Top Secret: How Might I. F. Stone View the Snowden Situation

Isidor "Izzy" Feinstein Stone was the award-winning American investigative journalist who started his own newsletter, I. F. Stone's Weekly.

"Mr. Stone's tenacity produced some important exclusive reports. One was his disclosure in 1957 that the Atomic Energy Commission's first underground atomic test was detected not only 200 miles away, as the Government said, but 2,600 miles away." (Peter B. Flint, New York Times obituary, June 19, 1989)

I bring Stone to life again, inhabiting this article with his voice from 1971.

Resurrecting the mighty I. F. Stone into the fray with Snowden, the NSA, and Washington: First, as to the facts:

A brilliant young American who did not complete high school, and employed at Booz Allen -- Edward Snowden -- pinched a plethora of secret documents and fled his home in Hawaii to Hong Kong. Alone. From there, he leaked a trove of information about the National Security Agency (NSA) clandestine surveillance programs -- to a couple of American journalists. And then, a torrential and global shock wave of poop hit the fan.

On the Subject of Secrets

If the government can continue to abuse its secrecy stamps to keep the press, the Congress, and the people from knowing what it is really doing--then the basic decisions in our country are in the hands of a small army of faceless bureaucrats, mostly military. (I .F. Stone)

Freedom of Information Act: A Joke

What protection does the public have under the current [Snowden] situation against any administration using national security laws to shield its own (actions)?

The first exemption to the Freedom of Information Act, which generally provides for making public information in the hands of the government, specifically exempts from the statute's disclosure provisions 'matters that are--(1) specifically required by Executive order to be kept secret in the interest of national defense or foreign policy.' So how can the Act protect the public? (Secretary of State Rogers and I. F. Stone)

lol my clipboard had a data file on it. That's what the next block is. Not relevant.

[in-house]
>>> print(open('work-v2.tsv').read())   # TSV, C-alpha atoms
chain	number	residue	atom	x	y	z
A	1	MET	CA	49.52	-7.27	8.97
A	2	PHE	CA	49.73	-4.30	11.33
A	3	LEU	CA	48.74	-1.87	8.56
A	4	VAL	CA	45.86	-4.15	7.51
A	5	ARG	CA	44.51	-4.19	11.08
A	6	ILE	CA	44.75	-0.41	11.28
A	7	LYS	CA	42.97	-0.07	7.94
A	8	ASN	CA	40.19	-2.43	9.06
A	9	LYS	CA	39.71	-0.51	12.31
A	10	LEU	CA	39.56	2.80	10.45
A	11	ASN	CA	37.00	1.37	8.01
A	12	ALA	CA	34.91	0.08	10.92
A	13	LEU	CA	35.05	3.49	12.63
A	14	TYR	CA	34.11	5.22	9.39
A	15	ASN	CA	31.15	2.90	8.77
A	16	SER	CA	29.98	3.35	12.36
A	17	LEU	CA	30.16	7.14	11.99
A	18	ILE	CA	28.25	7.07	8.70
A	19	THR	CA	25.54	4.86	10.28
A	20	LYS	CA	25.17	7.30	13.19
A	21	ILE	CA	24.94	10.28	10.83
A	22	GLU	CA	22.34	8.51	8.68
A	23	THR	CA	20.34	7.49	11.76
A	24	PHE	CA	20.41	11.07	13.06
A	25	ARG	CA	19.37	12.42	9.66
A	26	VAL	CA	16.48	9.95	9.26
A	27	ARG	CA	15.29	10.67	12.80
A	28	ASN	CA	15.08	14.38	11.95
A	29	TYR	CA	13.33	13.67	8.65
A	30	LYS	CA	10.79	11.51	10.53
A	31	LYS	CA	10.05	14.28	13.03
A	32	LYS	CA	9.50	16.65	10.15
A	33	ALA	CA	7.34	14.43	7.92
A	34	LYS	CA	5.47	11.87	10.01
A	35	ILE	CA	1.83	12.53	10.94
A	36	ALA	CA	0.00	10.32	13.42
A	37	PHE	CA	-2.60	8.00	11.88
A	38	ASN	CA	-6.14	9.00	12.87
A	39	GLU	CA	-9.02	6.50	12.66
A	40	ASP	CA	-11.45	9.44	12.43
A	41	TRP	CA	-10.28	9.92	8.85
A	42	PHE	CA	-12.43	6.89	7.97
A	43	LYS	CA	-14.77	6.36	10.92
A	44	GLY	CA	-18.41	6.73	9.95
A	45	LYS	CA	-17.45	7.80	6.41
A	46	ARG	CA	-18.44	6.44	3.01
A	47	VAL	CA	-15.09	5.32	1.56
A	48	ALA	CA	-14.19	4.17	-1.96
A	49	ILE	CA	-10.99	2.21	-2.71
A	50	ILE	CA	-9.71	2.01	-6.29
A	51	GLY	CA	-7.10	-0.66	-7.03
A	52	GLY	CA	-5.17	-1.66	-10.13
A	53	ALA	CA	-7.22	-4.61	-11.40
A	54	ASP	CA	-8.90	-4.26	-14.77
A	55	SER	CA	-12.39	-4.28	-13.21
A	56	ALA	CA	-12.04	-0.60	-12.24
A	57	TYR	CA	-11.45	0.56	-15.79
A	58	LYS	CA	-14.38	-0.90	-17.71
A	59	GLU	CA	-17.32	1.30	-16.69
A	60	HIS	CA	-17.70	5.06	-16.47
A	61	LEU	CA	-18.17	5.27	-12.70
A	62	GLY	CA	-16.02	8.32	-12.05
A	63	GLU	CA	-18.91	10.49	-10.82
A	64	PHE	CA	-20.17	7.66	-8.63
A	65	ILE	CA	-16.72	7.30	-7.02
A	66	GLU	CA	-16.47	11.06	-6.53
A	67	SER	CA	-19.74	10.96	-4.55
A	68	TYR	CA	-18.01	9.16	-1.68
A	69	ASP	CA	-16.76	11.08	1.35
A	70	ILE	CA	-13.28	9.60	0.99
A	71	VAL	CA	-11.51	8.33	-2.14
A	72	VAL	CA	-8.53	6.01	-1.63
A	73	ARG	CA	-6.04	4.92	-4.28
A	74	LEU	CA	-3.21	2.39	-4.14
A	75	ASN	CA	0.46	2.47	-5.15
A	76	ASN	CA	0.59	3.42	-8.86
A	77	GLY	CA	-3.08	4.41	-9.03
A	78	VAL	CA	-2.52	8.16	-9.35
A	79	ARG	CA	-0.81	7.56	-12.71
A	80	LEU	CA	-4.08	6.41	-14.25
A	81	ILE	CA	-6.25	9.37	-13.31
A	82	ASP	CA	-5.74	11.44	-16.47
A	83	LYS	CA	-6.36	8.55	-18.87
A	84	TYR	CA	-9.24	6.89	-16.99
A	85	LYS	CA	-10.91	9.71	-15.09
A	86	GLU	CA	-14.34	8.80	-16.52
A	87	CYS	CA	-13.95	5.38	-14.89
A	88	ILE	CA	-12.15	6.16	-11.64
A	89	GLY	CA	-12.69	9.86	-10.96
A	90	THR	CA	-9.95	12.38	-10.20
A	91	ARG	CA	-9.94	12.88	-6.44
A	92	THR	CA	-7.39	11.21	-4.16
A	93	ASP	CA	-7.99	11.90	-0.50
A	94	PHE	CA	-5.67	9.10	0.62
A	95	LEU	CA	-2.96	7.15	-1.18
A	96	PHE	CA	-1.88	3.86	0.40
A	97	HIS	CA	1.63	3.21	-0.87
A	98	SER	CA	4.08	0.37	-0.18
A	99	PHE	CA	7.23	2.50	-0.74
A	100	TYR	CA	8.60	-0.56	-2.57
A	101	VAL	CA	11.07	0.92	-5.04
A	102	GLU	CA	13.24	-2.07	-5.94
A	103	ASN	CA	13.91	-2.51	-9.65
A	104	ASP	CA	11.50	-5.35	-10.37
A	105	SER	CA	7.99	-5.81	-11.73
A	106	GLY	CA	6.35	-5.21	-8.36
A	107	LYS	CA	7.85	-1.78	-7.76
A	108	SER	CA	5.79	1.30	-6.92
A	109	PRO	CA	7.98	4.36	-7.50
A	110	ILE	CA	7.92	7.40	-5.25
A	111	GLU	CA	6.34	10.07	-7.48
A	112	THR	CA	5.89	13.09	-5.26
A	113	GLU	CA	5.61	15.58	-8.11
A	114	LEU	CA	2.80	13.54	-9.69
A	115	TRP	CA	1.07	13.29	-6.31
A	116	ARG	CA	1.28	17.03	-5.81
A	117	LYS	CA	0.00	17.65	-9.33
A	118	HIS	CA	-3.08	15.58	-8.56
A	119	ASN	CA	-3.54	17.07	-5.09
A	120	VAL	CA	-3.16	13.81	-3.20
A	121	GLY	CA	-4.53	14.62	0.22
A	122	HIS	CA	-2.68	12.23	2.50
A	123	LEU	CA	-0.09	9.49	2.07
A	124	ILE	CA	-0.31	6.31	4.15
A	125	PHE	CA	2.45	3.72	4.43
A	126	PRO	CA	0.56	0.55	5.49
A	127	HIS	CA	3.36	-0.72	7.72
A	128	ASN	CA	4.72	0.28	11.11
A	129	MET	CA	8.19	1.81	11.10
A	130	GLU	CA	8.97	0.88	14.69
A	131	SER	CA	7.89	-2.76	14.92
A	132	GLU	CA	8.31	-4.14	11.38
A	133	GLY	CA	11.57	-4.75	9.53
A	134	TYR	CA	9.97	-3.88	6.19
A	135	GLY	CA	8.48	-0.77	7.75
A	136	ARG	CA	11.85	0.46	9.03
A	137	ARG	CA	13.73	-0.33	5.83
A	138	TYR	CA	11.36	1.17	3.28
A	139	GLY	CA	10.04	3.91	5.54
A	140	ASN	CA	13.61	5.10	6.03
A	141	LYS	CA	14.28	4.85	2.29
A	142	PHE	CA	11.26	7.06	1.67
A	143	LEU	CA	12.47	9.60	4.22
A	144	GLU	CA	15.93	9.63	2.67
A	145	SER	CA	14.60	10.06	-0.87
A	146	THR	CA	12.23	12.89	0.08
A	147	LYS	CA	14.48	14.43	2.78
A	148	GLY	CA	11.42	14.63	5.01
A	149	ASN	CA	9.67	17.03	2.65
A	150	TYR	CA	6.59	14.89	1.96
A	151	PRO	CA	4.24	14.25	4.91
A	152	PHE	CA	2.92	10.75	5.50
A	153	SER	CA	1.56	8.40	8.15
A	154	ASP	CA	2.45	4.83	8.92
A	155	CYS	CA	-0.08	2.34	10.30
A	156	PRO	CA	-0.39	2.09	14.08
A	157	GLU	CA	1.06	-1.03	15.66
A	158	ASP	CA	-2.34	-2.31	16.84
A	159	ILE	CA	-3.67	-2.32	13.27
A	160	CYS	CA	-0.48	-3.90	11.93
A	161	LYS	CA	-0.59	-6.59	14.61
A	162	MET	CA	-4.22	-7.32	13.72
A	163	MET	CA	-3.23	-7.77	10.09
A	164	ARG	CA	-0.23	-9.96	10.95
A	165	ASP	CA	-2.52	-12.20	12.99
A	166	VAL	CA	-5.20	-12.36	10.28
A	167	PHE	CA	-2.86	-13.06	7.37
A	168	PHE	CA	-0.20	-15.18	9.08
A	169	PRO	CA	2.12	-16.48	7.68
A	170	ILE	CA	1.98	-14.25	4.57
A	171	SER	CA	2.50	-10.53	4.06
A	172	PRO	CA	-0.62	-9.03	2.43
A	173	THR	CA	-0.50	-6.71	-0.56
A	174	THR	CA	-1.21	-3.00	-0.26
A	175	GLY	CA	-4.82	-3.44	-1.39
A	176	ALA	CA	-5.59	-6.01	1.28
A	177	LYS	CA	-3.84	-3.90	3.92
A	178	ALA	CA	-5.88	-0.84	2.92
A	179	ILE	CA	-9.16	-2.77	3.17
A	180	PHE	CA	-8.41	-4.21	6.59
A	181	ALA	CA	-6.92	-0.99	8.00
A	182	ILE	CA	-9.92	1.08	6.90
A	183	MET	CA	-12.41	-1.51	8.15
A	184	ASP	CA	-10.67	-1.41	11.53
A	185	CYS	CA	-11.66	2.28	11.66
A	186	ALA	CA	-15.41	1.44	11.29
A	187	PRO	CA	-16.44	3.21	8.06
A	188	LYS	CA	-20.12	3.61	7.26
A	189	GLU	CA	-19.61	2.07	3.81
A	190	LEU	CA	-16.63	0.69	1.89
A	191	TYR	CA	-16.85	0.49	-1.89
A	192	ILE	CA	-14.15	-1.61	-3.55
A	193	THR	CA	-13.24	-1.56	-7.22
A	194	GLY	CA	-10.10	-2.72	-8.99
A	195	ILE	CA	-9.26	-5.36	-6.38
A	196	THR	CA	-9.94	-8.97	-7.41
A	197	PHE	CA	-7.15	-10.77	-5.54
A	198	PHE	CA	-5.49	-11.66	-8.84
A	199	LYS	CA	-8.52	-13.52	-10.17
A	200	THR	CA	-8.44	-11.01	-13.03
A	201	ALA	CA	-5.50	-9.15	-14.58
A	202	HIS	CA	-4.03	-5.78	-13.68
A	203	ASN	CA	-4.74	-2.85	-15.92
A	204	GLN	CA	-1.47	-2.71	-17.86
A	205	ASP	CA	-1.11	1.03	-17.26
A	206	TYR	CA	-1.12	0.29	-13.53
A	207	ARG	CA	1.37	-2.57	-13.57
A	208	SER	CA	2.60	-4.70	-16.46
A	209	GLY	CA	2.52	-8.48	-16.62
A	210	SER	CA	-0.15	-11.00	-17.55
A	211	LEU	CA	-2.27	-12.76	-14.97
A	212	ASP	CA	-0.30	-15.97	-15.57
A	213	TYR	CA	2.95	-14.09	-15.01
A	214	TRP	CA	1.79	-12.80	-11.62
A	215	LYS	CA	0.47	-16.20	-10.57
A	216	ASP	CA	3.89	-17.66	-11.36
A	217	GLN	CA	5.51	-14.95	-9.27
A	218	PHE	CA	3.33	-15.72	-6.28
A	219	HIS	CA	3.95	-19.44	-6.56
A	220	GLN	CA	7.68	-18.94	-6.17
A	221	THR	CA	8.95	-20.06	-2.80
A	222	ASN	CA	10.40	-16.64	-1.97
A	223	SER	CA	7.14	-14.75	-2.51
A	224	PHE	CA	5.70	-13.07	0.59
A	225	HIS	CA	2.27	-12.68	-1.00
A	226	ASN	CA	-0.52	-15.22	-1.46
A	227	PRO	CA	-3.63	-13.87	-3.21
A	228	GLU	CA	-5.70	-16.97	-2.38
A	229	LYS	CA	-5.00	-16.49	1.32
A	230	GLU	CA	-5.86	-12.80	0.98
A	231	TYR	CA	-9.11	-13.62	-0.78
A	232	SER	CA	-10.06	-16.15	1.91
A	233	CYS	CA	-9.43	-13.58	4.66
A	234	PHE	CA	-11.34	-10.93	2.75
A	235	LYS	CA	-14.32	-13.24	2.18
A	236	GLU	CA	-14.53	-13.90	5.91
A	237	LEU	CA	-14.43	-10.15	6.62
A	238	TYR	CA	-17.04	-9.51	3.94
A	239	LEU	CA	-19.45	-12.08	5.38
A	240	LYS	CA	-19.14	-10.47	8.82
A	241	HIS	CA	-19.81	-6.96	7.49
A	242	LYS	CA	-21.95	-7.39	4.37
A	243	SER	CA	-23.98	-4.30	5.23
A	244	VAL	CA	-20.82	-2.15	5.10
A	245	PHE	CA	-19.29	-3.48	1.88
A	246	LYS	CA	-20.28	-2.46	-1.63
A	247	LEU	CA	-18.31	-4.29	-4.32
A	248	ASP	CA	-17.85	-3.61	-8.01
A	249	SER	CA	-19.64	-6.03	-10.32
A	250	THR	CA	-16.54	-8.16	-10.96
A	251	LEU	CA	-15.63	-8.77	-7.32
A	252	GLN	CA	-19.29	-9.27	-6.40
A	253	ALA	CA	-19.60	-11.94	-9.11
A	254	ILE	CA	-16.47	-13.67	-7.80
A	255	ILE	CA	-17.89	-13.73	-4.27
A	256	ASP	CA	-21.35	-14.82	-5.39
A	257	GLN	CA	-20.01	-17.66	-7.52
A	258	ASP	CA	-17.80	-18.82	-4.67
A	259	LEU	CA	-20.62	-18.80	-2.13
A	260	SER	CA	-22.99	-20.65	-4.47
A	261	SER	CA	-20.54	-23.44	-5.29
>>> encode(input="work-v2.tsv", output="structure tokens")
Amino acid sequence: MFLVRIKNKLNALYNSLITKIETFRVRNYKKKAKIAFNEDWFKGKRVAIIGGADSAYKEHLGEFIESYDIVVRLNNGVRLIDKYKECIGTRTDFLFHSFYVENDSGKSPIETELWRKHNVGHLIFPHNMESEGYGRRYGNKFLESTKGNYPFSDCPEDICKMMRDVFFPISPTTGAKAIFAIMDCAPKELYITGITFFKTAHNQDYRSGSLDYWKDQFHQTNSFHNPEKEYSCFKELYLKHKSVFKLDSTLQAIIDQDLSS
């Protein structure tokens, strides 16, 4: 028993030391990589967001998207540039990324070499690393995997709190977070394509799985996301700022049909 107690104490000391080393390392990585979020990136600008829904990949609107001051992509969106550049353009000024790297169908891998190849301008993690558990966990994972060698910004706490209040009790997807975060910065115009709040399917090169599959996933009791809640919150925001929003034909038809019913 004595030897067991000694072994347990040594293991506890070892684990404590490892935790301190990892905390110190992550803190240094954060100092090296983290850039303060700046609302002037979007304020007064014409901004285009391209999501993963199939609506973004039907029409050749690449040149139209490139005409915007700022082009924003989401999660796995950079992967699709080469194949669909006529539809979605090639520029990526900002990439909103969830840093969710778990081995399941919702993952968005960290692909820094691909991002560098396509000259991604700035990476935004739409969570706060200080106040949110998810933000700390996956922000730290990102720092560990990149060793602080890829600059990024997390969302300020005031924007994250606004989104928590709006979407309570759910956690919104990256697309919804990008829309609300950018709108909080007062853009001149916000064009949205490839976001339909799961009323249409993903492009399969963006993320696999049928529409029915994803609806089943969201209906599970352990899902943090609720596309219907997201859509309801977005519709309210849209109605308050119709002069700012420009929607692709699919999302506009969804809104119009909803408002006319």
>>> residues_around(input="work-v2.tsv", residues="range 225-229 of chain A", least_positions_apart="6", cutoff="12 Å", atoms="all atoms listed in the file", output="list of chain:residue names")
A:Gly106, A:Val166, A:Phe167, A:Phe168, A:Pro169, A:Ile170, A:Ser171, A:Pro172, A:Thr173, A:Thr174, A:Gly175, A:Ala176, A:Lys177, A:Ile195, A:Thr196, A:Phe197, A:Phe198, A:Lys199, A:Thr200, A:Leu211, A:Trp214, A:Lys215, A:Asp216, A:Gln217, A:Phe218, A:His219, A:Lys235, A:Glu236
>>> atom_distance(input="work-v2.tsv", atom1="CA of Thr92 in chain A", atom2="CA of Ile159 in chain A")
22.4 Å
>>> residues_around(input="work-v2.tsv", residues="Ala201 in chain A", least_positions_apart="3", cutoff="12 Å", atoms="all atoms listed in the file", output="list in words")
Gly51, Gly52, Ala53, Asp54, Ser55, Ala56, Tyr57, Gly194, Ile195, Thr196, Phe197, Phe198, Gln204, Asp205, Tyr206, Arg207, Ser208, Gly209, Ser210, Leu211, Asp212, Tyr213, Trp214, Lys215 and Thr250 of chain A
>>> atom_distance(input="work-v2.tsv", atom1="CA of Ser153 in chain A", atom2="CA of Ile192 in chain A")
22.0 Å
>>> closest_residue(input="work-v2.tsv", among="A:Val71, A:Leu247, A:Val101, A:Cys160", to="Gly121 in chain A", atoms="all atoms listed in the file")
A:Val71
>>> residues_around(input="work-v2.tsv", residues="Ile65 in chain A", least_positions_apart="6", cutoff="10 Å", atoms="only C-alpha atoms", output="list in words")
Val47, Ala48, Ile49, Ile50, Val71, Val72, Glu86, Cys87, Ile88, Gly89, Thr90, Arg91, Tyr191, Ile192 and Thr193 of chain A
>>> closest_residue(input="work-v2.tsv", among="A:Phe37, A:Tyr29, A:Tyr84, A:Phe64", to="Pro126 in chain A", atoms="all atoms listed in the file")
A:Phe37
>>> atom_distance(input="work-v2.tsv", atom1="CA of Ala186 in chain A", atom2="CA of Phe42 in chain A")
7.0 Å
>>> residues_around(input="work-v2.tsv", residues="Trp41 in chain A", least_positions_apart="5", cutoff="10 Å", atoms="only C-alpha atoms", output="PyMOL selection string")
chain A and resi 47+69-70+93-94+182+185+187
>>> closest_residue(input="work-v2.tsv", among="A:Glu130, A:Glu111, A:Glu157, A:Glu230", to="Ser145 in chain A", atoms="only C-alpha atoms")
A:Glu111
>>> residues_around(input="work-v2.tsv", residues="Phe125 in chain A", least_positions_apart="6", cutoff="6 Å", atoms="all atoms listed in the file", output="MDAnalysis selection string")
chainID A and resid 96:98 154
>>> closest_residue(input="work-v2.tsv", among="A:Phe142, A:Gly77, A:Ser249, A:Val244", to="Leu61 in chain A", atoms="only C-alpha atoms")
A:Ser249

The freedom of the press is entangled with the question of national security.

Example of Ellsberg and the Leaked Pentagon Papers

Dr. Ellsberg's leak and its publication in the press represented the first open revolt against a system of secrecy which has reached cancerous proportions and threatens unless checked to destroy free government itself. (I .F. Stone)

And now we've got Snowden, Poitras, and Greenwald. Snowden's in temporary sanctuary in Russia. (Young Snowden felt he had to leave home and seek safe haven in the former Soviet Union in order to execute his patriotic duty to uphold the U.S. Constitution) Poitras and Greenwald sequester themselves in foreign countries. They write from classified environments reports for back home, while Washington grips a bully club and howls like a rabid wolf at a harvest moon.

  • U.S. President Barack Obama labels Edward Snowden a charged triple felon not a patriot for his disclosure of NSA information to journalists Poitras and Greenwald

On the Topic of Secret Courts

Washington contends that the NSA surveillance of American citizens is legal within the U.S. Constitution because secret courts granted the NSA authority, secret from America. Izzy Stone says that the government's action against the New York Times and the Washington Post over the Pentagon and Vietnam, originated the first secret proceeding of its kind ever held in the U.S. courts; itself a disturbing precedent for the future. I note that even the Massachusetts Salem Witch Trials of 1692 were held in open courts. (For time orientation, reference that Harvard College was founded in 1636.) It's just in the instances where the U.S. government is wearing dirty underpants--doing something unpatriotic/unconstitutional--that the secret court unwholesomeness crops up. Why don't our leaders wash up with soap and water (and get with the Constitution)?